Μαρμάρινοι παλαιοχριστιανικού άμβωνες από την ΚωPart of : Δελτίον της Χριστιανικής Αρχαιολογικής Εταιρείας ; Vol.37, 1997, pages 341-350
Early Christian Marble Ambones from Kos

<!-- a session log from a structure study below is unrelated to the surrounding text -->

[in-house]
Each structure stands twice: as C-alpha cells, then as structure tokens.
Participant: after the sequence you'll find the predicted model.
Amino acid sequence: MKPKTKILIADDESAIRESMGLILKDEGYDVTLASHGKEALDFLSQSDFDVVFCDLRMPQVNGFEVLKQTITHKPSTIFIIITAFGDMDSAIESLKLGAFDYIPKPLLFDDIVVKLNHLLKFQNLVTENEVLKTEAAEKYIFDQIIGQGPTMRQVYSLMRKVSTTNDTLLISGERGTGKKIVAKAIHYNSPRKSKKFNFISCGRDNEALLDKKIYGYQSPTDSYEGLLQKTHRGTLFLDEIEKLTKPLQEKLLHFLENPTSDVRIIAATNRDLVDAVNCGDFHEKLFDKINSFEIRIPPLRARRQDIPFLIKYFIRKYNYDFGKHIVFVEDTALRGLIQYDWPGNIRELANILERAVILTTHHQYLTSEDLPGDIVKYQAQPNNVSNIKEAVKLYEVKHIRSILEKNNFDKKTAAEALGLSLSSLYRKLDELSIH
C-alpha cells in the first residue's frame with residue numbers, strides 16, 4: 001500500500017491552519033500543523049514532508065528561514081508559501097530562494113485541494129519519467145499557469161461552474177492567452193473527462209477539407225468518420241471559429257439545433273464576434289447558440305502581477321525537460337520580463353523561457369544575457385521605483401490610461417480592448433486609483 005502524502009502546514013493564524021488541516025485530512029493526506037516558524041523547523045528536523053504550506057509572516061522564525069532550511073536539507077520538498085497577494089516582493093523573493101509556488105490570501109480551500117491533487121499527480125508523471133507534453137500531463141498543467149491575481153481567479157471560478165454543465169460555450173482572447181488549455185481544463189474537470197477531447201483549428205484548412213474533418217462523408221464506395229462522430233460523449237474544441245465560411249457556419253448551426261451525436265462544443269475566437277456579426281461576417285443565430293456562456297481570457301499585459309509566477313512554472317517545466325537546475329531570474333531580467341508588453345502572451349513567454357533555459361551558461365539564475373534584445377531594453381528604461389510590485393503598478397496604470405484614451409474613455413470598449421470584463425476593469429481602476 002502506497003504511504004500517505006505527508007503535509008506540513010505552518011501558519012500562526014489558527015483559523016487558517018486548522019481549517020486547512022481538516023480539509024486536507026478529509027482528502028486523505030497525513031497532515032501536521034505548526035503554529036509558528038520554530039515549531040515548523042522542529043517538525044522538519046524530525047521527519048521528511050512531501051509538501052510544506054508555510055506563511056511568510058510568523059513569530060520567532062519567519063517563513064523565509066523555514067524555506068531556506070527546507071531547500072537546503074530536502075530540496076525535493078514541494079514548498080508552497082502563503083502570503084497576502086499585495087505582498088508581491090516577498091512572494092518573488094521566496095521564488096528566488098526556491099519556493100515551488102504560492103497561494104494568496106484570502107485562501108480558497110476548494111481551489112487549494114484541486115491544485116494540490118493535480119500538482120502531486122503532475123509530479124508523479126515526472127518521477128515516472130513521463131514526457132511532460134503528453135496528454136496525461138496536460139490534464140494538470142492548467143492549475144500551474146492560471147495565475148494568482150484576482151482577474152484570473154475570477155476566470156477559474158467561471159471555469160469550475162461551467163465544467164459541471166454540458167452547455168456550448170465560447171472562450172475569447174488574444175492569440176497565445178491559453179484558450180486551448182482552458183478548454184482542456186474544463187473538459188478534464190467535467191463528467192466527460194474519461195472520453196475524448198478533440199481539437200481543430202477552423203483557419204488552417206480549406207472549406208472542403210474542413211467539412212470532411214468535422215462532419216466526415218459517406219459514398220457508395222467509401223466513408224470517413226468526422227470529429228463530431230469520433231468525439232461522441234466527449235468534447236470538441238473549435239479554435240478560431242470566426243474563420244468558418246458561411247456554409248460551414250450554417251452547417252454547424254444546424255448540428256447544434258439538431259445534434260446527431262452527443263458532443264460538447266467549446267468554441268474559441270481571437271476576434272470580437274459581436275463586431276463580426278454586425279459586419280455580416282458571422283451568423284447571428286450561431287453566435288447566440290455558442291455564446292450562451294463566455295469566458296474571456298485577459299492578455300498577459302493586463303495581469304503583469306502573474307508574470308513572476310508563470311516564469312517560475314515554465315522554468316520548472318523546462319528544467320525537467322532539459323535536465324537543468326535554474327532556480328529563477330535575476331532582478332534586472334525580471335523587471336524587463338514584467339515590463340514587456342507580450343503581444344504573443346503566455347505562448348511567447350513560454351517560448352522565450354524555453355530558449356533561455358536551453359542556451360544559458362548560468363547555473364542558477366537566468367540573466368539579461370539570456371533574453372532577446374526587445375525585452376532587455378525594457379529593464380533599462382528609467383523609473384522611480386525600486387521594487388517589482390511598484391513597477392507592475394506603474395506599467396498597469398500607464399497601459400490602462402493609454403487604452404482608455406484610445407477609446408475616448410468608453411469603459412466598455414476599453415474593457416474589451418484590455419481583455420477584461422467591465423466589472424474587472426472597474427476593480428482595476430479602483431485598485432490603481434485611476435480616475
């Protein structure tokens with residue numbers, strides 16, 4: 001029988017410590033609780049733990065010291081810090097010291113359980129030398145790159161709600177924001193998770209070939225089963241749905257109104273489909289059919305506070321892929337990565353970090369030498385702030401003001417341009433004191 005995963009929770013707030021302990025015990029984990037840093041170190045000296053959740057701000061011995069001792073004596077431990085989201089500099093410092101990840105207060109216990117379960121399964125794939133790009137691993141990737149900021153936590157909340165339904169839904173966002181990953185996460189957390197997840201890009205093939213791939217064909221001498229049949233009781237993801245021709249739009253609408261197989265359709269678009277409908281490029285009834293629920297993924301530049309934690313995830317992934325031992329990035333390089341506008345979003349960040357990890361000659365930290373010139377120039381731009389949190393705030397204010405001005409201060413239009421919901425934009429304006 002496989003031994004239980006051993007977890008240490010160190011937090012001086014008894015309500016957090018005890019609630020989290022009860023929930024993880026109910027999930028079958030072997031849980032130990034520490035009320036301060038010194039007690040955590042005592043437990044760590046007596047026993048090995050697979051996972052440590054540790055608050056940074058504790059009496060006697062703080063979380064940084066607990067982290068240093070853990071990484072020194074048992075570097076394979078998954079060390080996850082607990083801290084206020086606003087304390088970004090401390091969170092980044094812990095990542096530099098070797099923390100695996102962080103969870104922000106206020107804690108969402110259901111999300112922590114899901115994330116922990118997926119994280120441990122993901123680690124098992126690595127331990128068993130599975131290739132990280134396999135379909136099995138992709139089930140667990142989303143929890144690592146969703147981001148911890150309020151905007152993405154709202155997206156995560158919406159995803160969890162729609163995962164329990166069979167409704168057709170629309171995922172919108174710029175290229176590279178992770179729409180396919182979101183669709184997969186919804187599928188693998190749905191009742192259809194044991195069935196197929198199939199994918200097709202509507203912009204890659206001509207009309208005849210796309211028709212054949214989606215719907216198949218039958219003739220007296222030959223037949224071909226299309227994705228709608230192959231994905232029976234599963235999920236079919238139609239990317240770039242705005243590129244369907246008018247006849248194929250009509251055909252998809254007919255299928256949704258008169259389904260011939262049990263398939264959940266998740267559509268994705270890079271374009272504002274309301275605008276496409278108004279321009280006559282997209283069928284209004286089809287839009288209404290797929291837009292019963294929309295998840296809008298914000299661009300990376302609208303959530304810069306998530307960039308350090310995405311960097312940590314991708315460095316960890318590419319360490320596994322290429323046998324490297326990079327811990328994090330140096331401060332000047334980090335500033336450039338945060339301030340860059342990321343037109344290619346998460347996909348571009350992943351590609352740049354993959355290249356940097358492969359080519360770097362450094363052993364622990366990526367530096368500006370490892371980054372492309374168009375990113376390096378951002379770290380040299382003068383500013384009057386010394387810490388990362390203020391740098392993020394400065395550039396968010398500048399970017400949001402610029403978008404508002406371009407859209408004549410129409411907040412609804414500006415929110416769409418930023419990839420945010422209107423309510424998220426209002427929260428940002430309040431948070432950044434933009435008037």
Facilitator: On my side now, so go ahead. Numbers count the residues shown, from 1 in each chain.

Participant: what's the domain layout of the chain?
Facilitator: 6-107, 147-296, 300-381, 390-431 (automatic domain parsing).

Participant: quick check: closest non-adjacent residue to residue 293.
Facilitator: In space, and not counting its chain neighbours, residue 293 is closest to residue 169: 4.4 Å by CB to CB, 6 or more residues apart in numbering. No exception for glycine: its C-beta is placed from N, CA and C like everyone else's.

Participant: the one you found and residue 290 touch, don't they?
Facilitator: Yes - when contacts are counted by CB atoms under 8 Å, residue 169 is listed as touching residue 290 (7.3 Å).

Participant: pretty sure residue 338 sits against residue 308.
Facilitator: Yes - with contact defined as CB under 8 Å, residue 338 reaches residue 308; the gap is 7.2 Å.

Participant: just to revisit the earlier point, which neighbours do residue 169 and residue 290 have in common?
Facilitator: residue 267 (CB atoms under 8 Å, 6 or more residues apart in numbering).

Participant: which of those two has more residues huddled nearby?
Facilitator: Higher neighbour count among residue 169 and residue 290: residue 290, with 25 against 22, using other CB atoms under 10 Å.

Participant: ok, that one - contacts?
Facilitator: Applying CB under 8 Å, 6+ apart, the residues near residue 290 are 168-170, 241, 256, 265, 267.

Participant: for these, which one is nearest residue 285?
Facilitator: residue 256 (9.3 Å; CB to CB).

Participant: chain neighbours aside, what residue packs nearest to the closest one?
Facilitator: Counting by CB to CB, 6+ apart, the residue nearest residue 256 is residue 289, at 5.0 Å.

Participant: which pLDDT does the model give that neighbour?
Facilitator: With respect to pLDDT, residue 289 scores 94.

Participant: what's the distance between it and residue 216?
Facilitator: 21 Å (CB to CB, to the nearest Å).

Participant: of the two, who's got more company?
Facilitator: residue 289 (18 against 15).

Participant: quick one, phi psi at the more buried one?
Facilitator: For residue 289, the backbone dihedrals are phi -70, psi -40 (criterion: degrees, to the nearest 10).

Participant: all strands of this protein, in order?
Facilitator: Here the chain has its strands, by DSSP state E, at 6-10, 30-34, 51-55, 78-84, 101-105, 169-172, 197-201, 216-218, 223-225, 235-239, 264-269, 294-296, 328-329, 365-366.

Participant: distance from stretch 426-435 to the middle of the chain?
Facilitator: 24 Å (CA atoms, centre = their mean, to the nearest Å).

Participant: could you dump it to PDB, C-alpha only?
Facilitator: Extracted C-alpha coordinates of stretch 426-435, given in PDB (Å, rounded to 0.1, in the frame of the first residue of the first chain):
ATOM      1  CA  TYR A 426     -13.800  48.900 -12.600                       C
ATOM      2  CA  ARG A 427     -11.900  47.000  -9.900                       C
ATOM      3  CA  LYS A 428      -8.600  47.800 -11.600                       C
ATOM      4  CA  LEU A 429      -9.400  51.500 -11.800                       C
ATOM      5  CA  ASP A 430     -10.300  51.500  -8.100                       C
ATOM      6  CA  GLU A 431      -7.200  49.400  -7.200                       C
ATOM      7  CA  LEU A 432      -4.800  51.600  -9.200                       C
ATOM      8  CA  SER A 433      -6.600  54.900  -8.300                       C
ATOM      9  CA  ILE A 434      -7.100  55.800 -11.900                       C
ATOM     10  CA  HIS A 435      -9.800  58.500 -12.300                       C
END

Christianity spread on Kos, the third largest island in theDodecanese, from at least the beginning of the 4thcentury. During the 5th and 6th centuries a large numberof Early Christian basilicas with lavish mosaics andmarble decoration were built in the countryside. Themarble ambos (pulpits) presented here belong to the typewith two axial staircases supporting a balcony.The first staircase, Ar(x) 1, is low, monolithic, with a semicircular niche on all three sides and adorned with schematic leaves and birds in low relief on the two lateral sides. Itcomes from the ambo in the basilica at Mesaria and isdated to the second half of the 6th century.The next two staircases, Ar(x)2 and Ar(x)3, are of thesame type as the preceding one. Both are of equal sizeand decorated with an identical subject — rope ornamentand rinceau with fruits of the vine — and very possibly belonged to the same ambo, that of the basilica at Limenos,very near which they were found by A. Orlandos. Theycan be dated to the early 6th century.Since the marble used in all three staircase is recognizedas local, it is assumed that they were made in a Koanworkshop. However, their form recalls a type mainly encountered in the ambos of Asia Minor (Didyma, Priene,Halicarnassus etc.).Lastly, the balcony of the ambo of basilica Β of the western thermae of the city of Kos is presented. Circular withoblong wings and made of Prokonnesian marble, the concave underside of its floor is decorated with the monogram of Christ. The concavity in conjunction with the peculiar form of the monogram, which includes the wordsΦΩΟ and ΖΩΗ, emphasizes the special significance ofthe area beneath the ambo.